[laughter] mr. meacham: she was a point of light. in 1989 when many americans lived in ignorance about hiv/aids, mrs. bush went to a home for infected infants and hugged the children there, as well as an adult male patient. the images sent a powerful message, one of compassion, of love, and acceptance. she believed literacy a fundamental civil and human right and gave the cause her all. at a televised event commemorating the bicentennial of the constitution, mrs. bush met a man named jt pace, the 63-year-old son of a former sharecropper. mr. pace, who had only recently become literate, was scheduled to read the constitution's
preamble aloud. backstage, he was nervous. mrs. bush asked if it would help if they read it together on the broadcast. mr. pace agreed. soon the two of them stood on stage, reading in unison. as mr. pace grew comfortable, mrs. bush lowered her voice and lowered it again and then again, until at last jt pace was reading entirely on his own. he wept and he read, supported by barbara bush, who stood to his side, now silent. her work was done when his voice spoke of the unending search for a more perfect union. jt pace had found his voice, not least because barbara bush had lent him her heart.
just last summer on a sunny day on the bush's porch in maine, talk turned to world war ii and the terrible saturday when on september 2, 1944 george herbert walker bush was shot down on a bombing raid. two of his crewmates did not make it, becoming casualties of war. lieutenant bush parachuted out of the bomber, plunged into the sea, came up to the surface, flopped onto a life raft, and waited, scared and retching. had young bush been captured by the japanese, he would have been held captive on an island that was home to horrific war crimes, including cannibalism. bar, he would say in later years, i could have been an hors d'oeuvre. [laughter]
mr. meacham: in truth, it had been the closest of calls. she told george, in great old age, lost in reminiscence -- you must have been saved for a reason. i know there had to be a reason. president bush sat silently for the briefest of moments, then raised that big left-hand and pointed his finger across the table at his wife. you, he said hoarsely, you were the reason. gov. bush: as i stand here today to share a few words about my mom, i feel her looming presence
behind me, and i know exactly what she is thinking right now. jeb, keep it short. don't drag this out. people have heard enough remarks already. and most of all, don't get weepy. remember, i spent decades laughing and living a life with these people, and that is true. barbara bush filled our lives with laughter and joy, and in the case of our family, she was our teacher and role model on how to live a life of purpose and meaning. on behalf of our family, we want to thank the thousands and thousands of expressions of condolence and love for our precious mother. we want to thank mom's caregivers for their compassionate care in the last months of her life. i want to thank neil and maria for their next-door-family love of our parents, and thank john and susan for their elegant words. meacham, you might have been a little long, but it was beautiful. [laughter]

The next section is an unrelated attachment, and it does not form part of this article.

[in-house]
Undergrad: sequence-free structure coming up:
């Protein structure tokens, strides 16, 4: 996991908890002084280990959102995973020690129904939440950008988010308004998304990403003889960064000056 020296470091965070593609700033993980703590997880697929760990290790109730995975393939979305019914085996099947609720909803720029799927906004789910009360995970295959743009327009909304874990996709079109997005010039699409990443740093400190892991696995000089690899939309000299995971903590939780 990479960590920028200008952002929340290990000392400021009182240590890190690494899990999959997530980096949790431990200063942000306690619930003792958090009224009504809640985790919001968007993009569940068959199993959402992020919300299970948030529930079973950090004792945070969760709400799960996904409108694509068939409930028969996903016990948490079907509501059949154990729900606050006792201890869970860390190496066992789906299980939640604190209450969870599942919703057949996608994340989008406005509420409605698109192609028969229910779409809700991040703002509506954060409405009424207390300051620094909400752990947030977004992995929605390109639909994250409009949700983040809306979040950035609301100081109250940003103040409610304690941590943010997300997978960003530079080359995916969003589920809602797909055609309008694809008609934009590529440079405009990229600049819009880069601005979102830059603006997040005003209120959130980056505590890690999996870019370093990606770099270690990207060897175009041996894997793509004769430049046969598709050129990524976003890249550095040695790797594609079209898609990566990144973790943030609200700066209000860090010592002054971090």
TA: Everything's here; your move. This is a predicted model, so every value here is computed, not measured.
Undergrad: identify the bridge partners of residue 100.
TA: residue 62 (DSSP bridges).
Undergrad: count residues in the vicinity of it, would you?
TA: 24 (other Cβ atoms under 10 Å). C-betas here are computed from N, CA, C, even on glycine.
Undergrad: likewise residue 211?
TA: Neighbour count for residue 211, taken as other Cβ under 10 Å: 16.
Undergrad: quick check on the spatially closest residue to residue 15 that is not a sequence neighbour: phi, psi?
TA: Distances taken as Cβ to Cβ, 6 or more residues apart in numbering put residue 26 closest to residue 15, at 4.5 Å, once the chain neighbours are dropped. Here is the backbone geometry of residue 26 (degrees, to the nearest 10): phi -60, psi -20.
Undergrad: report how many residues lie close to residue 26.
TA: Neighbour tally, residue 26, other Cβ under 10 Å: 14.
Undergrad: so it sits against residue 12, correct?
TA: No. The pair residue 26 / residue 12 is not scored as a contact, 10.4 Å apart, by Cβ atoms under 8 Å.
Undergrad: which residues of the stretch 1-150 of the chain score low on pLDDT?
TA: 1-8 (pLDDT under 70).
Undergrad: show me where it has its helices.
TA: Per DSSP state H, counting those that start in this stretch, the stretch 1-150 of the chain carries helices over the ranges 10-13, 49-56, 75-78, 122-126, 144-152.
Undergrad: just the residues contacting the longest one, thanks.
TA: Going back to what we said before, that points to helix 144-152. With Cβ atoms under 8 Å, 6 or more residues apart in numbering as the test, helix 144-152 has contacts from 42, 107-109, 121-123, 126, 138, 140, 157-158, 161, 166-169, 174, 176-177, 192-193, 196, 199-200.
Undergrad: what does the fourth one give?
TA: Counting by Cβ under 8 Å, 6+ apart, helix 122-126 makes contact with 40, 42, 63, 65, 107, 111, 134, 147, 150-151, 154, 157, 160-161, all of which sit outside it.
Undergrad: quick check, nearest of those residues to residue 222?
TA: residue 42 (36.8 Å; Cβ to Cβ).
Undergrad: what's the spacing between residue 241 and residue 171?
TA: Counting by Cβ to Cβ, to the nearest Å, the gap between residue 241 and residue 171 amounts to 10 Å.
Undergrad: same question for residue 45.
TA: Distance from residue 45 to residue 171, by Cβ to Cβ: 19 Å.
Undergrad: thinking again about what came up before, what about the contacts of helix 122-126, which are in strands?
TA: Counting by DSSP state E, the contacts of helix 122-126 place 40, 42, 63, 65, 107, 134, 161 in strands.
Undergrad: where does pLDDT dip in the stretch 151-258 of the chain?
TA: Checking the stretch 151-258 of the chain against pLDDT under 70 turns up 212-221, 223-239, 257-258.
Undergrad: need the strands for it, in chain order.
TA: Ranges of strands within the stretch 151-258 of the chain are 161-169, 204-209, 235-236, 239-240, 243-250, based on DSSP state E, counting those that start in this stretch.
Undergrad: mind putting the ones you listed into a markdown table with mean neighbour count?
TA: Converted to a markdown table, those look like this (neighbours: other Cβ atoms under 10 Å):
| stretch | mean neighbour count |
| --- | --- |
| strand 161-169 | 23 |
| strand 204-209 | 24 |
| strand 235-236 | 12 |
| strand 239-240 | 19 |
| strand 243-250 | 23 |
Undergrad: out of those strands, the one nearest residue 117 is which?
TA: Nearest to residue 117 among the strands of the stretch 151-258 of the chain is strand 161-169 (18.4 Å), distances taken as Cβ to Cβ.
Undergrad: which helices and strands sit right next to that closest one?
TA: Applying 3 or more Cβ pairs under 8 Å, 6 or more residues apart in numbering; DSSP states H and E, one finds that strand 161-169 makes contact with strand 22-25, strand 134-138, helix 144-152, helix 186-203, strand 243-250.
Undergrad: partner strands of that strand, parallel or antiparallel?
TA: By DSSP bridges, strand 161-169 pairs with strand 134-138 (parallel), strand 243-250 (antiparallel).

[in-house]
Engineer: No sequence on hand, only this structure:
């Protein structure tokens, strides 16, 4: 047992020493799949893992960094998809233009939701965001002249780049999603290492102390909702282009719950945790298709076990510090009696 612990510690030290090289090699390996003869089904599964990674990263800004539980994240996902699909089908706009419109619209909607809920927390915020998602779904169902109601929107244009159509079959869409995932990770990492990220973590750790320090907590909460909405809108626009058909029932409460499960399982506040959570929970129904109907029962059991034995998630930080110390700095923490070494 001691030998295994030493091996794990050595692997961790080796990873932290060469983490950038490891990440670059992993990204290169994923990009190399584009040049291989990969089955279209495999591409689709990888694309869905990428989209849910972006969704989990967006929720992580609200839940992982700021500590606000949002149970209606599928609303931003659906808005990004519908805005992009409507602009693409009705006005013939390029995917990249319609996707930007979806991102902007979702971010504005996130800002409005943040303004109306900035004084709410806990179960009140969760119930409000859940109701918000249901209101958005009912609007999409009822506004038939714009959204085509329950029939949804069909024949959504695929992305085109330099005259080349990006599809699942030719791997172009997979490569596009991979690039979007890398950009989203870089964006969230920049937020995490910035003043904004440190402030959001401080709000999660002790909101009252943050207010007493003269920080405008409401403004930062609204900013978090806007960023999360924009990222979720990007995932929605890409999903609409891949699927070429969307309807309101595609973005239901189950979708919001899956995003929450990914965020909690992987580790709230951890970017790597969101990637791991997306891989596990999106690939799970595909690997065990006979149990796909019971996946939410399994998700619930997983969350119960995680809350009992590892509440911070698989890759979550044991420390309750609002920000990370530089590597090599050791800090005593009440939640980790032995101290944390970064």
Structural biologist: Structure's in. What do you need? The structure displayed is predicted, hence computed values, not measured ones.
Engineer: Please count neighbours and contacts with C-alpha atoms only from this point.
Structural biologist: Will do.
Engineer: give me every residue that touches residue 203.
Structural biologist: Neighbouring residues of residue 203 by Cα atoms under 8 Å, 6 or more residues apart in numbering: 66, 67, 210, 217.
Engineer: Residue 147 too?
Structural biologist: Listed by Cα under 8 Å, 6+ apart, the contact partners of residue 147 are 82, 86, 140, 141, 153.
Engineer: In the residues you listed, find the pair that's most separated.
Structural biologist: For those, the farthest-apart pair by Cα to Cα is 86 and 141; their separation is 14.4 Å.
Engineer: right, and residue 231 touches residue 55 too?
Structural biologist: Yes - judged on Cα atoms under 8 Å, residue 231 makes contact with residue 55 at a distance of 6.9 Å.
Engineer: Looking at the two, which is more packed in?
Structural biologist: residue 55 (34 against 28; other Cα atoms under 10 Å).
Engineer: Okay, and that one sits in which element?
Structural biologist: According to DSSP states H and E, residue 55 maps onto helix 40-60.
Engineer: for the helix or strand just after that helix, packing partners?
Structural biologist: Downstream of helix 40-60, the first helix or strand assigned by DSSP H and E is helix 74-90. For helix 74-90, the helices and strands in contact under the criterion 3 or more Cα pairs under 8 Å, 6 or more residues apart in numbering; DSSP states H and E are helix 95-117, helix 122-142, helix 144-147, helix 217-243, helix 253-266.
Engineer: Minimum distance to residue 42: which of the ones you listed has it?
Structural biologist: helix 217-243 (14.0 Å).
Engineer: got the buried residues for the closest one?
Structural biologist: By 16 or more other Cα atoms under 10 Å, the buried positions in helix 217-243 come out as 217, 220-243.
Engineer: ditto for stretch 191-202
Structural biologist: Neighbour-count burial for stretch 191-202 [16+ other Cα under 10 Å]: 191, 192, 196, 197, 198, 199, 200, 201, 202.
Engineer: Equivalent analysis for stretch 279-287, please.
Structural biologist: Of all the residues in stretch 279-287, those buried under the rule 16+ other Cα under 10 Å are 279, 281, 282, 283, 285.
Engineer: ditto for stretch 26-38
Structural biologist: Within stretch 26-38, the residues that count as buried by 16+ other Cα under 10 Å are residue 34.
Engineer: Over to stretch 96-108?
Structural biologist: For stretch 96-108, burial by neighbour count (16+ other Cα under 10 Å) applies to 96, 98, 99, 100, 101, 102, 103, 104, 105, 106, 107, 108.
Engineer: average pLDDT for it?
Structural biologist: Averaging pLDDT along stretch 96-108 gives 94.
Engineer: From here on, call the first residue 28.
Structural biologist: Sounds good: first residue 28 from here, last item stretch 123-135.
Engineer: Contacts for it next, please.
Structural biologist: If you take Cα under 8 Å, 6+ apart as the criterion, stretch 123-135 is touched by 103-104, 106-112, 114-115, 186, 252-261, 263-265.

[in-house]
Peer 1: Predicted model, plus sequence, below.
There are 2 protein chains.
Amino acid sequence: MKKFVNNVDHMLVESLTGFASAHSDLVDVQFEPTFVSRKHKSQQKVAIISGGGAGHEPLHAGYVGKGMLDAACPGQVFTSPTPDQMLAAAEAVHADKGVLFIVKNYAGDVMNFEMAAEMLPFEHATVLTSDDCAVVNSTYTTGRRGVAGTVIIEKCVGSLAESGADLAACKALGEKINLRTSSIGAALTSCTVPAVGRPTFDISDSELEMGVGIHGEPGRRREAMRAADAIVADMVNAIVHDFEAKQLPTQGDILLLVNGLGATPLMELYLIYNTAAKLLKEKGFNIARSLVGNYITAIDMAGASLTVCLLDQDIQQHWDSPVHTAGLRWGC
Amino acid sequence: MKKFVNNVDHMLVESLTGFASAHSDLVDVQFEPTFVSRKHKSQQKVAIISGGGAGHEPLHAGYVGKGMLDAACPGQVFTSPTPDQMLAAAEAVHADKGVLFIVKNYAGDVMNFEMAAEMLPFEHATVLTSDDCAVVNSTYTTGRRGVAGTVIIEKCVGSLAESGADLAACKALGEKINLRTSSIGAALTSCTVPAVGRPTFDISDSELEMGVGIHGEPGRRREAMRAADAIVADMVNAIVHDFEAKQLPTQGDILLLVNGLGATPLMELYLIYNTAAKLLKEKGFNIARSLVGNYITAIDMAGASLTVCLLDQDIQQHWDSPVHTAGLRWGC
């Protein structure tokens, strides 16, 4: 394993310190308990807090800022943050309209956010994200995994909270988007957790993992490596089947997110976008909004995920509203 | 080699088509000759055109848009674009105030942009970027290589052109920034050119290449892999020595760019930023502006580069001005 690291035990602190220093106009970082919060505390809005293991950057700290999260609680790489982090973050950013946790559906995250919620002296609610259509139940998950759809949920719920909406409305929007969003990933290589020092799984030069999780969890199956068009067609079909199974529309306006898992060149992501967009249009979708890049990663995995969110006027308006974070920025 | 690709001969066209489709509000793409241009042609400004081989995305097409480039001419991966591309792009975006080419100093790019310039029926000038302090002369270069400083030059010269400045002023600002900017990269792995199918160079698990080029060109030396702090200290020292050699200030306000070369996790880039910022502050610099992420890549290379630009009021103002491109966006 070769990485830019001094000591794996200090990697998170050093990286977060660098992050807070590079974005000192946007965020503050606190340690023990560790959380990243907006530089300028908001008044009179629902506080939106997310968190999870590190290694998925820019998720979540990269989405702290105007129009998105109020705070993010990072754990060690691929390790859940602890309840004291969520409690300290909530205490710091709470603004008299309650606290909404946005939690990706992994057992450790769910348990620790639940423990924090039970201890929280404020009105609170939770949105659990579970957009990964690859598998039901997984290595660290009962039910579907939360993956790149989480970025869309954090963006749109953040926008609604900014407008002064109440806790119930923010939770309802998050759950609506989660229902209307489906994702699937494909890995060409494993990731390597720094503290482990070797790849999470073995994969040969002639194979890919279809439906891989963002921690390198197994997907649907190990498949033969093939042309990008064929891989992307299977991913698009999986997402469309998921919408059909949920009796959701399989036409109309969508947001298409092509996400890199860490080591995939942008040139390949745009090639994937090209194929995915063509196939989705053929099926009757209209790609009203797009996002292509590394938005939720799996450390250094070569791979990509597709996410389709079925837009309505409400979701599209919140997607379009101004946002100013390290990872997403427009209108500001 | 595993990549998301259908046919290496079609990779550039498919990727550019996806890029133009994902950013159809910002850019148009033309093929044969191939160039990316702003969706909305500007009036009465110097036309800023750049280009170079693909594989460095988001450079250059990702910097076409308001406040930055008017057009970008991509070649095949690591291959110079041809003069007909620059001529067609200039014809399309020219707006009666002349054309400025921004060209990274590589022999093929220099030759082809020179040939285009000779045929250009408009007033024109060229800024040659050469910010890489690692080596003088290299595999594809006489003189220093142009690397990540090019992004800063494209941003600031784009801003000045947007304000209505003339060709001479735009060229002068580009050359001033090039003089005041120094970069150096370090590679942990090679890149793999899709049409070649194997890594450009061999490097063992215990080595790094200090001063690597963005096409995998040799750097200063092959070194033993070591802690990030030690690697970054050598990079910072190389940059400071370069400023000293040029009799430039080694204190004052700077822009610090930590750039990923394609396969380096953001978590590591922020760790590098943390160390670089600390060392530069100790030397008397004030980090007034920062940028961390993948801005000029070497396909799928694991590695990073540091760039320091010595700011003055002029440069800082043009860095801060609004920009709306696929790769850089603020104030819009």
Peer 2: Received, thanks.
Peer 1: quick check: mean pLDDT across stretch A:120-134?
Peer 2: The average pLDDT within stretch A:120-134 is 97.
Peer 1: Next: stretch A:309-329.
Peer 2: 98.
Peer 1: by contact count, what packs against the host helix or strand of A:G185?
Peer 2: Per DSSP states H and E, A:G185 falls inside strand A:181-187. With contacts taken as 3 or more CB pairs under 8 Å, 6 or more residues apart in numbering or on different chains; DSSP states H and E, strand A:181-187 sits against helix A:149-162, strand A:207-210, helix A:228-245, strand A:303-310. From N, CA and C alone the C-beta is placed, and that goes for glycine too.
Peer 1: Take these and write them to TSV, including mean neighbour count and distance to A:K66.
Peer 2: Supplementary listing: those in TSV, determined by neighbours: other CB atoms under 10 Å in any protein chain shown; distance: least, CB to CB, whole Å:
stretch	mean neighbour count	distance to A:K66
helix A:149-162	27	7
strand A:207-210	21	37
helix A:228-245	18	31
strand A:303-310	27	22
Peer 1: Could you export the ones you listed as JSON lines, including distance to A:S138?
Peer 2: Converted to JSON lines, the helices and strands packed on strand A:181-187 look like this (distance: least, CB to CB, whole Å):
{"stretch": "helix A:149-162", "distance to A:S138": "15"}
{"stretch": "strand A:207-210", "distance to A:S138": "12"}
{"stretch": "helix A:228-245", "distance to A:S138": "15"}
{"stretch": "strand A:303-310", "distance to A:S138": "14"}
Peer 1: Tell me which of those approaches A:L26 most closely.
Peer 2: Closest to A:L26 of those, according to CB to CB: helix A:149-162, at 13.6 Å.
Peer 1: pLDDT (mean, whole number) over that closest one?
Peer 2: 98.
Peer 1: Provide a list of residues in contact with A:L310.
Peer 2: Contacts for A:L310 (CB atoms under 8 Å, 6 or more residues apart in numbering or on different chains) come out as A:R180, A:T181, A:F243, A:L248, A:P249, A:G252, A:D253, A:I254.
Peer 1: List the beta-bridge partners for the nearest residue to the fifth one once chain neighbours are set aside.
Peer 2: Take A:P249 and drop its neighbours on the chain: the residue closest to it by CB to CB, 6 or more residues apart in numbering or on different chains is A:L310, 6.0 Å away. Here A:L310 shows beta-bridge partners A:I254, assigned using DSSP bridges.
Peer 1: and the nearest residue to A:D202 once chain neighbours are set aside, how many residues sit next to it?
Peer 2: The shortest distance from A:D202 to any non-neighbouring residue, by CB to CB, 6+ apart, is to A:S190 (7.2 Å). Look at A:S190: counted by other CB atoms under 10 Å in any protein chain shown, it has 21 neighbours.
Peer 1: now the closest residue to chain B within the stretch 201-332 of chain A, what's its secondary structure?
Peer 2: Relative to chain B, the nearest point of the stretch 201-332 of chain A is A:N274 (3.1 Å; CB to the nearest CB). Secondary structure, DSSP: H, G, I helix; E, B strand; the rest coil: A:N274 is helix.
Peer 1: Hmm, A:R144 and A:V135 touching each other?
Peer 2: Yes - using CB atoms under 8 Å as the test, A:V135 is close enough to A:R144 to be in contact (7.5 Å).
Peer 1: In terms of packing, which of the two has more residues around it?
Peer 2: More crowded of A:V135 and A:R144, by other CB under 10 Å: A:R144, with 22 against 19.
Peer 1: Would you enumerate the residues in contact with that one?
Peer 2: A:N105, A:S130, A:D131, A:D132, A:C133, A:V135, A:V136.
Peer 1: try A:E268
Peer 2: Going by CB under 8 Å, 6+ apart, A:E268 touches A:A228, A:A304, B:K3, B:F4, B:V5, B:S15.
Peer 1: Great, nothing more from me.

gov. bush: we want to thank russ and laura for their friendship and pastoral care of our parents, and we want to thank all who are gathered here to celebrate the life of barbara bush. it is appropriate to express gratitude, because we learned to do that at a very early age. you see, our mom was our first and most important teacher. sit up, look people in the eye, say please and thank you, do your homework, quit whining and stop complaining, eat your broccoli. yes, dad, she said that. [laughter] gov. bush: the little things we learned became habits, and they lead to bigger things, like be kind, always tell the truth, never disparage anyone, serve others, treat everyone as you would want to be treated, and love your god with your heart and soul. what a blessing to have a teacher like that 24/7.
now, to be clear, her students were not perfect. [laughter] gov. bush: that's an understatement. mom got us through difficult times with consistent, take it to the bank, unconditional, but tough love. she called her style the benevolent dictatorship, but honestly, it wasn't always benevolent. [laughter] gov. bush: when our children got a little older, they would spend more time visiting their gampy and ganny. all it would take would be one week, and when they came home, all of a sudden they were pitching in around the house. they didn't fight as much and all of a sudden they were nice to be with. [laughter] gov. bush: i attribute this to the unbridled fear of the ganny lecture and the habit-forming effects of better behavior taking hold. even in her 90's, mom could strike fear into her grandchildren, nephews, nieces, and her children if someone did not behave. there were no safe spaces or micro aggressions allowed with
barbara pierce bush. [laughter] gov. bush: but in the end, every grandchild knew their ganny loved them. we learned a lot more from our mom and our ganny. we learned not to take ourselves too seriously. we learned that humor is a joy that should be shared. some of my greatest memories are participating in our family dinners when mom would get into it, most of the time with george w., and have us all laughing to tears. we learned to be authentic by the best role model in the world. her authentic plastic pearls, her not coloring her hair. by the way, she was beautiful until the day she died. her hugging of an hiv/aids patient at a time her own mother would not do it. her standing by her man with a little rhyming poetry in the 1984 election. in a thousand other ways barbara pierce bush was real, and that is why people admired and loved her so.